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1876 chambering : 45-100, what is it?
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May 7, 2022 - 11:19 am
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Hello,

in a discussion about 1876 rifles, somebody posted a copy of the 1878 catalog presenting the model 76.
It is presented as shooting a 45-100 cartridge, wen I thought the 2 only chambering in .45 were the 45-60 and 45-75 ?

 

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Any clue as to why it is advertised in this unknown to me winchester chambering?

many thhanks in advance

Gilles

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May 7, 2022 - 12:34 pm
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Gilles,  That is a new one on me.  I DO know of the .45-90 version, and if I was to guess, the .45-100 is an experimental version or else the catalog has a “typo”.  The .45-90-500 and .45-90-450 were unheadstamped cartridges that were to be single loaded for long range target work.  Supposedly one rifle made it out of the factory marked for this cartridge, but it has yet to be found.  The cartridge in question uses the .45-75 case, with a longer bullet that is paper patched and seated well out to make room for the powder charge.  The example I have weighs enough compared to a normal, WCF .45-75-350 cartridge, that it MAY (note heavy emphasis on “may”) contain a bit more powder than the 90 grains, but unlikely to be 100 grains.  Even compressed, I doubt there is room for that much powder.  Once loaded into the chamber singly, it would require teasing the loaded round out of the rifle if it was not fired as the length exceeds the length of the opening for the elevator, etc.  Look in the book on the 1876 by Herb Houze and he has a drawing of the subject cartridge with a short discussion.  The subject cartridge was not loaded very long.  I suspect it was overly hard on the rifles.  Tim

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May 7, 2022 - 2:26 pm
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Hi Tim,
thank you for your answer,
I had already read about that “single shot” proposition for the model 1876 (probably here to be honest Laugh), but after digging a bit further, one of my friend may have found the solution on another page of the same catalog:

 

when we read “caliber”, we think cartridge, when obviously the catalog stated silmply the caliber, hence the diameter of the bullet, in 100th of an inch, so 45-100.

Which was offered in two flavour for this model, 45-60 and 45-75… why make things simple?

 

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May 7, 2022 - 4:35 pm
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Thats very interesting, and something new to me, although I don’t study the M76 very much. 

I also couldn’t help but notice the paragraph about lids at the bottom. I always thought the early ’76 rifles were lacking the lid for the same reason the ’73s didn’t have them for a while, patent infringement or something of the sort. The verbiage about the lids being omitted to essentially allow for cartridge heads to blow off seems a bit disturbing. Maybe a better route to take would be to correct the problem of exploding cases! I do see they reference “other manufacturers”.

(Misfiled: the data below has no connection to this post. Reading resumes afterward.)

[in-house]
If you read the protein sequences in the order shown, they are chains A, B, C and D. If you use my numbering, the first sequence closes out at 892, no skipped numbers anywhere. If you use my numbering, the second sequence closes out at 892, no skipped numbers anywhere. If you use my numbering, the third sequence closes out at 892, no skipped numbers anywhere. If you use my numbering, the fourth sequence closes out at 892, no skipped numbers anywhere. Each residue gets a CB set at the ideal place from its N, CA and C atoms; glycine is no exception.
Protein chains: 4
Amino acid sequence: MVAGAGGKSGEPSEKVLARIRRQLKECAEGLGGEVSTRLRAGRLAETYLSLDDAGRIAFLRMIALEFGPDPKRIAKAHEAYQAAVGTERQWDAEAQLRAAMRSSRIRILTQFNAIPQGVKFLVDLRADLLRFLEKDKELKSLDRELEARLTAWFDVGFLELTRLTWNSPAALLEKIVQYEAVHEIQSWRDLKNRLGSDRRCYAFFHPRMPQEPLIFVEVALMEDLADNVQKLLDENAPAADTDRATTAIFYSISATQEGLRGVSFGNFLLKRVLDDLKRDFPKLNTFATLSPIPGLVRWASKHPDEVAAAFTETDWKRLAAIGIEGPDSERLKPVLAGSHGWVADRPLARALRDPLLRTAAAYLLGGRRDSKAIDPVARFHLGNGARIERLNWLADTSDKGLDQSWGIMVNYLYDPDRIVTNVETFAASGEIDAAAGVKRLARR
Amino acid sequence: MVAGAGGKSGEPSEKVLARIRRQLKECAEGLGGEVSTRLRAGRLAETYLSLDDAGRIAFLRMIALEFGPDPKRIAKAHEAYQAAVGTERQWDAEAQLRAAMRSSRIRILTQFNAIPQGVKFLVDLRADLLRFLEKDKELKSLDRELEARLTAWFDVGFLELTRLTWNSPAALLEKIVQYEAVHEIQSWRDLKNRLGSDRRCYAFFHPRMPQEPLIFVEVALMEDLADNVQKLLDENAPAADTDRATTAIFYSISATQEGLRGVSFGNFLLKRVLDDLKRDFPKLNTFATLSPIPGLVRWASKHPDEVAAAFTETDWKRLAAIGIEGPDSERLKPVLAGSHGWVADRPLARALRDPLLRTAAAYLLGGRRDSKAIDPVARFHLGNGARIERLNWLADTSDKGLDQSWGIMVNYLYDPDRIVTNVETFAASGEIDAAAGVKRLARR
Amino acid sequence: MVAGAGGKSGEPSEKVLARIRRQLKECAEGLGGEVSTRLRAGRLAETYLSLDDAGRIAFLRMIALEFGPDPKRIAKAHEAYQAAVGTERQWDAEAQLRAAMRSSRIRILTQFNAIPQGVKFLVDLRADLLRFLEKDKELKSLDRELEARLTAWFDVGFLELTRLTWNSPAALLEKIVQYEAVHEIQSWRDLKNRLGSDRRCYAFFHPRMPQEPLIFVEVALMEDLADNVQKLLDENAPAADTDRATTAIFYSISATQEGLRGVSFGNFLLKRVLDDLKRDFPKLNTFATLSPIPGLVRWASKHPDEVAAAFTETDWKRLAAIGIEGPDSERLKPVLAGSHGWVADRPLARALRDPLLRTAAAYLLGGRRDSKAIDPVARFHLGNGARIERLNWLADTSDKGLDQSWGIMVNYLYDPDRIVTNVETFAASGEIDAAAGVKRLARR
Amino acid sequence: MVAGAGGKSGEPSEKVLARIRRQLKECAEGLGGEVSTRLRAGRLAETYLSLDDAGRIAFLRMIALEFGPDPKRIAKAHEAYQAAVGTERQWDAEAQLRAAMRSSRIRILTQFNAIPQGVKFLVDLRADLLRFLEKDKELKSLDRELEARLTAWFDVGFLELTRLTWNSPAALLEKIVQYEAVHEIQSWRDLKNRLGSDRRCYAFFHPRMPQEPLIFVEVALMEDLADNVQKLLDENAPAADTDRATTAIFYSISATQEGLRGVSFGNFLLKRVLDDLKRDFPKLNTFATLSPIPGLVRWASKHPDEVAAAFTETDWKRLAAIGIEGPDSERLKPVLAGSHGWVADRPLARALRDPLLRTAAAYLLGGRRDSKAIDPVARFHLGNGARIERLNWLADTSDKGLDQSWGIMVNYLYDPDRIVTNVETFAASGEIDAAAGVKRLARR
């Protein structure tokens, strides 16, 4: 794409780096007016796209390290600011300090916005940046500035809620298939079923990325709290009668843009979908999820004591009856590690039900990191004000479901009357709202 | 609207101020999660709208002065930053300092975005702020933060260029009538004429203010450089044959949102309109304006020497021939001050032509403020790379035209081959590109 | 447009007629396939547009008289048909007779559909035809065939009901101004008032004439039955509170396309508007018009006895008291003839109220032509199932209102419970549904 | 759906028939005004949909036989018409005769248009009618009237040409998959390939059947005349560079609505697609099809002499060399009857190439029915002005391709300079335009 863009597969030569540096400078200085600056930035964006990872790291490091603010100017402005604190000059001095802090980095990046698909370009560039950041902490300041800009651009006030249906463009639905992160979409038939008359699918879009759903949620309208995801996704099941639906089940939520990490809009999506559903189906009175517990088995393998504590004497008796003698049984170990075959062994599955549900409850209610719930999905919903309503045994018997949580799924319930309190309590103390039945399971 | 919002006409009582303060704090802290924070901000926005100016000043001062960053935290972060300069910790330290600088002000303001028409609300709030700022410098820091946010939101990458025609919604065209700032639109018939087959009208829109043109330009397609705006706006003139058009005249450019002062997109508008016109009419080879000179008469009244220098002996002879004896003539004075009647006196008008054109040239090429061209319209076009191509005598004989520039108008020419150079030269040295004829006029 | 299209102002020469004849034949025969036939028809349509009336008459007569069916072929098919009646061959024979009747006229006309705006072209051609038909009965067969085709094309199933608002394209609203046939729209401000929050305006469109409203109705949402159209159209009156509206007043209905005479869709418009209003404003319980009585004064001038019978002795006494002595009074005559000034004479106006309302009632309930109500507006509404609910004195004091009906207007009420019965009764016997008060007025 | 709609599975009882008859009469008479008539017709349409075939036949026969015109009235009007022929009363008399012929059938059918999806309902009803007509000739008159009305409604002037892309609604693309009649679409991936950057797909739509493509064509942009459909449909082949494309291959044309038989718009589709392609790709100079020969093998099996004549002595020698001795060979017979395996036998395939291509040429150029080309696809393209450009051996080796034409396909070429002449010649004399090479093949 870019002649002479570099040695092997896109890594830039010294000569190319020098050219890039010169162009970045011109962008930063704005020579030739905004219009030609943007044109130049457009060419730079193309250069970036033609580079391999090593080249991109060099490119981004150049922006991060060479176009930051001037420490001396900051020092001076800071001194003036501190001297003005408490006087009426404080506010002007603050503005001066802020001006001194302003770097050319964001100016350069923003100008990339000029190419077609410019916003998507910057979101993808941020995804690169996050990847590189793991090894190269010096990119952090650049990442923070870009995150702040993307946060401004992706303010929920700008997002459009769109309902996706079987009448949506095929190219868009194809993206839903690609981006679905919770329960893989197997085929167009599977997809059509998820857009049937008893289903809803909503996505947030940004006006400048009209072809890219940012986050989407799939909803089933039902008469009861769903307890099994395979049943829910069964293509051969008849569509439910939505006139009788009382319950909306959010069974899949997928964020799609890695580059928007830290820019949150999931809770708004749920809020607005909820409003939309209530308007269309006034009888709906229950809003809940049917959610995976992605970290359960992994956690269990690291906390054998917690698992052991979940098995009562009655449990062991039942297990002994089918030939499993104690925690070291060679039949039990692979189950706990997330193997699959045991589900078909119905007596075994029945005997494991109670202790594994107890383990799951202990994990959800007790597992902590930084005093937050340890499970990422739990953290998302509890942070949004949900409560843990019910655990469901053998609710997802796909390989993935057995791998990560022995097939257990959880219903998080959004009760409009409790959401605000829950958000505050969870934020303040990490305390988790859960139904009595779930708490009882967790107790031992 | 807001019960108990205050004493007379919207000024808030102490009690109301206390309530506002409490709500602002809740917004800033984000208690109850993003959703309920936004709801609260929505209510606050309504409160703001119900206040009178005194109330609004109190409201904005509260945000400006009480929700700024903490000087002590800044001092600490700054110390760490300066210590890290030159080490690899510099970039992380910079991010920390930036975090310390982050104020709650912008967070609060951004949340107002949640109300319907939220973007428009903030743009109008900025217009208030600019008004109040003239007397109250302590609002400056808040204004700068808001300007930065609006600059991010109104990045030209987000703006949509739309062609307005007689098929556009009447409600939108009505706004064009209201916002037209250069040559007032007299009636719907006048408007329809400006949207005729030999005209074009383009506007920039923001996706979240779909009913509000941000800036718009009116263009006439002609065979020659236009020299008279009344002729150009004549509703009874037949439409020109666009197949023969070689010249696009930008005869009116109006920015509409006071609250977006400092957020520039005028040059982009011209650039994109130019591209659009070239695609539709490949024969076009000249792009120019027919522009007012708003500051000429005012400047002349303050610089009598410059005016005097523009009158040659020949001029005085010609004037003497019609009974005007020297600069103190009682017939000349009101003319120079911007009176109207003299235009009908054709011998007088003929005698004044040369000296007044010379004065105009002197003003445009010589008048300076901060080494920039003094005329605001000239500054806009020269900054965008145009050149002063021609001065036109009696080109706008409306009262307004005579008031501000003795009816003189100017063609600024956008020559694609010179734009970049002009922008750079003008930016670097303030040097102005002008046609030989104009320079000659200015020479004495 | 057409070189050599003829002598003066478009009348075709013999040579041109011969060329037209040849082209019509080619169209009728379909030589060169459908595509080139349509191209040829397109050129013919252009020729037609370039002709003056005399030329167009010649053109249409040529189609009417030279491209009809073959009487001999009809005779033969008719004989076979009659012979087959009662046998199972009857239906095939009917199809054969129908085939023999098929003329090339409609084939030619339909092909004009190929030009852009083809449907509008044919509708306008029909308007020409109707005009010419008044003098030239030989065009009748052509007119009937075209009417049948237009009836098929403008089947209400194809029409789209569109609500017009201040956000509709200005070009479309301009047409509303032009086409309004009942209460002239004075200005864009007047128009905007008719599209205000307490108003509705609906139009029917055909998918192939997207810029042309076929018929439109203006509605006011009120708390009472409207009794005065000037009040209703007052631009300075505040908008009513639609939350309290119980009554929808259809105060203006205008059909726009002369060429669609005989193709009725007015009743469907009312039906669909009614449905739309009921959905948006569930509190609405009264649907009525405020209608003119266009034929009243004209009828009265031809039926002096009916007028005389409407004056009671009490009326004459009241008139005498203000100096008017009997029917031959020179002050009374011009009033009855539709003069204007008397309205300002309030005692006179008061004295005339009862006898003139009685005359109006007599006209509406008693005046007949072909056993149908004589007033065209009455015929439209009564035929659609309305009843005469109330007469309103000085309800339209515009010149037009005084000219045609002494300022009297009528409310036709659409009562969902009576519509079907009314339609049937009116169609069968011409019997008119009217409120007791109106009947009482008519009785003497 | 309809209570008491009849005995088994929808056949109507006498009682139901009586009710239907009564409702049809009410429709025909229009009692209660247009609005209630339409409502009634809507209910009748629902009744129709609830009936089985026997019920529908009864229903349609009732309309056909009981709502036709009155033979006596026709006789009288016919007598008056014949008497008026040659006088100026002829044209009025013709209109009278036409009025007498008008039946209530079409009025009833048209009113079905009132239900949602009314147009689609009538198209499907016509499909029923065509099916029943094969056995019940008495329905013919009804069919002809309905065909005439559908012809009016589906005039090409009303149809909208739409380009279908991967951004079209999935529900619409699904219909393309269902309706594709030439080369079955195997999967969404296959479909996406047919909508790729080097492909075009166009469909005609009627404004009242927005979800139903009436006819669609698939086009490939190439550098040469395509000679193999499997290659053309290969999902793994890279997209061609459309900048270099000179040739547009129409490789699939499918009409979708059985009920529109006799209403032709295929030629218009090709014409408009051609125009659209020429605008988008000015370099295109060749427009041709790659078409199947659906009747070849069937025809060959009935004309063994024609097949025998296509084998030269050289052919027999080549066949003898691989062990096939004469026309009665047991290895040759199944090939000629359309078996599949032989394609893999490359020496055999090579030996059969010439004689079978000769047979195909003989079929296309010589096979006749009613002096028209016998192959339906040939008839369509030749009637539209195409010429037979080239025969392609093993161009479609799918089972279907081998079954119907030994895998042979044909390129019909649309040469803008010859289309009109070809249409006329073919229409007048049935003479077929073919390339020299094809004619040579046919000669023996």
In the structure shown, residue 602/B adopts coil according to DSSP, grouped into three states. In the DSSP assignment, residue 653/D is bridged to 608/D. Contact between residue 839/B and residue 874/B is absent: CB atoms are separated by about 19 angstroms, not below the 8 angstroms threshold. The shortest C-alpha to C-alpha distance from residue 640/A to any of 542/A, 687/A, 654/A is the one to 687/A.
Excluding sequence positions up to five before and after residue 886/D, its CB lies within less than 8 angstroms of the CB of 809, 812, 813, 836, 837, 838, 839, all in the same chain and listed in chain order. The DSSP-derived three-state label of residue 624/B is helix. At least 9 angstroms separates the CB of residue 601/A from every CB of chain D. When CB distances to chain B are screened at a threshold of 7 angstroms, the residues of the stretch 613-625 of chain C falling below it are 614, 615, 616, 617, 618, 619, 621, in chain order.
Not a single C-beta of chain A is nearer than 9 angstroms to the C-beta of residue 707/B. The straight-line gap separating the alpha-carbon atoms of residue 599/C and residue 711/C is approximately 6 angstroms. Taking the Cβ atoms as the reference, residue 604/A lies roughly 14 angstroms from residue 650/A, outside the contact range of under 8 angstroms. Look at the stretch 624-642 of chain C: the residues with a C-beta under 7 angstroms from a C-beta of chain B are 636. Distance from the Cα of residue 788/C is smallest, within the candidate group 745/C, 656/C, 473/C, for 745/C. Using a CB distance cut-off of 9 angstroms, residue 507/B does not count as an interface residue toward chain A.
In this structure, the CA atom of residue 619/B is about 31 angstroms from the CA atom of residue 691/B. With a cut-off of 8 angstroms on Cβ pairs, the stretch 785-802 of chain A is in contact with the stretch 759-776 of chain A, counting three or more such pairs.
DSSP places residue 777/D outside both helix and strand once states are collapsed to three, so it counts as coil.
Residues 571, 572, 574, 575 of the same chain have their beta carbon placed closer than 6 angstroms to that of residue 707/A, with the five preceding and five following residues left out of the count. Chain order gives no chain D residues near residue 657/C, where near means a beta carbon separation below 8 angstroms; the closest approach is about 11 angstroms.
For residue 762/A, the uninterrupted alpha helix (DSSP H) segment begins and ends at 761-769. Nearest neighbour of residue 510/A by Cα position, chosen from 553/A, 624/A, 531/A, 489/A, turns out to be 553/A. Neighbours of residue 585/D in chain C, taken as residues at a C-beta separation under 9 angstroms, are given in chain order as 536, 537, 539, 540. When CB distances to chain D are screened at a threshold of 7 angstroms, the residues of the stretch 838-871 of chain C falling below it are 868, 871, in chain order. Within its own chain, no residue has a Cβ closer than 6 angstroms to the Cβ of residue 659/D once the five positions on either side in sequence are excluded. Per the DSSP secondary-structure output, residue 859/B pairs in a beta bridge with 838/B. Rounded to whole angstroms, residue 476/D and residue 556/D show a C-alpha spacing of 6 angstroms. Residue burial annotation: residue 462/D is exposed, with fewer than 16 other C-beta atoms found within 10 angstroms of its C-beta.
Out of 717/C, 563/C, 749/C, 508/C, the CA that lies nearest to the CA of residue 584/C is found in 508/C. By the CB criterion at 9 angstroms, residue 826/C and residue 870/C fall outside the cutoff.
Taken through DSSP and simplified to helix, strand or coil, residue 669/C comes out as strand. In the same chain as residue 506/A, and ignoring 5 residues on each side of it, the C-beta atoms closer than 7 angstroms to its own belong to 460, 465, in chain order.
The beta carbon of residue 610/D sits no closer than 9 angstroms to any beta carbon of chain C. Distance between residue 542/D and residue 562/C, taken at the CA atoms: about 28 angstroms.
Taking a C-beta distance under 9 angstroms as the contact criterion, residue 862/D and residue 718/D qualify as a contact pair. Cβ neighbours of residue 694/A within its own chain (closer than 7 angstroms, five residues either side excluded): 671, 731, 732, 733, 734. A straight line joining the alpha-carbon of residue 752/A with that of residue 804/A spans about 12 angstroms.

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May 7, 2022 - 5:34 pm
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When that 1878 catalog was released the only cartridge available for the Model 1876 was .45-75.  The Winchester Express (.50-95) and .45-60 were introduced in 1879.

Also, as has been previously discussed, the 45-100 refers to bore size.  Look in the 1866 or 1873 section of an early catalog and you will see it shows 44-100 in the caliber row.  At some point they changed this but I don’t have a complete set of catalogs, so not sure of the exact date.  I have a September 1882 catalog that still has the 44-100 reference.  The April 1886 catalog just shows caliber as .45 for the 1876.  Then at the bottom near the price list it says “This model can be furnished adapted to Central Fire Cartridges .45-75, .45-60, or .40-60.”  The Express rifle is listed on a different page as a separate model.

The strange inconsistencies of Winchester catalogs and advertising.

I call myself a collector as it sounds better than hoarder

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May 7, 2022 - 8:46 pm
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pdog72 said
Thats very interesting, and something new to me, although I don’t study the M76 very much. 

I also couldn’t help but notice the paragraph about lids at the bottom. I always thought the early ’76 rifles were lacking the lid for the same reason the ’73s didn’t have them for a while, patent infringement or something of the sort. The verbiage about the lids being omitted to essentially allow for cartridge heads to blow off seems a bit disturbing. Maybe a better route to take would be to correct the problem of exploding cases! I do see they reference “other manufacturers”.   

The reason the first model 76’s did not have a lid was due to the Patent lawsuit.  Once settled the 76’s could be ordered with a lid.  Eventually the lid was standard.  Never heard of an explosion issue?

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May 8, 2022 - 2:52 pm
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All, its obvious the catalog indeed listed the caliber as a fraction.  I was predetermined to answer based on past questions about the .45-90-500 cartridge, and jumped to a conclusion without really READING the offered catalog page!  Refer back to the military abbreviation of RTFQ!  Ah, well.  There will be further opportunities!  Tim

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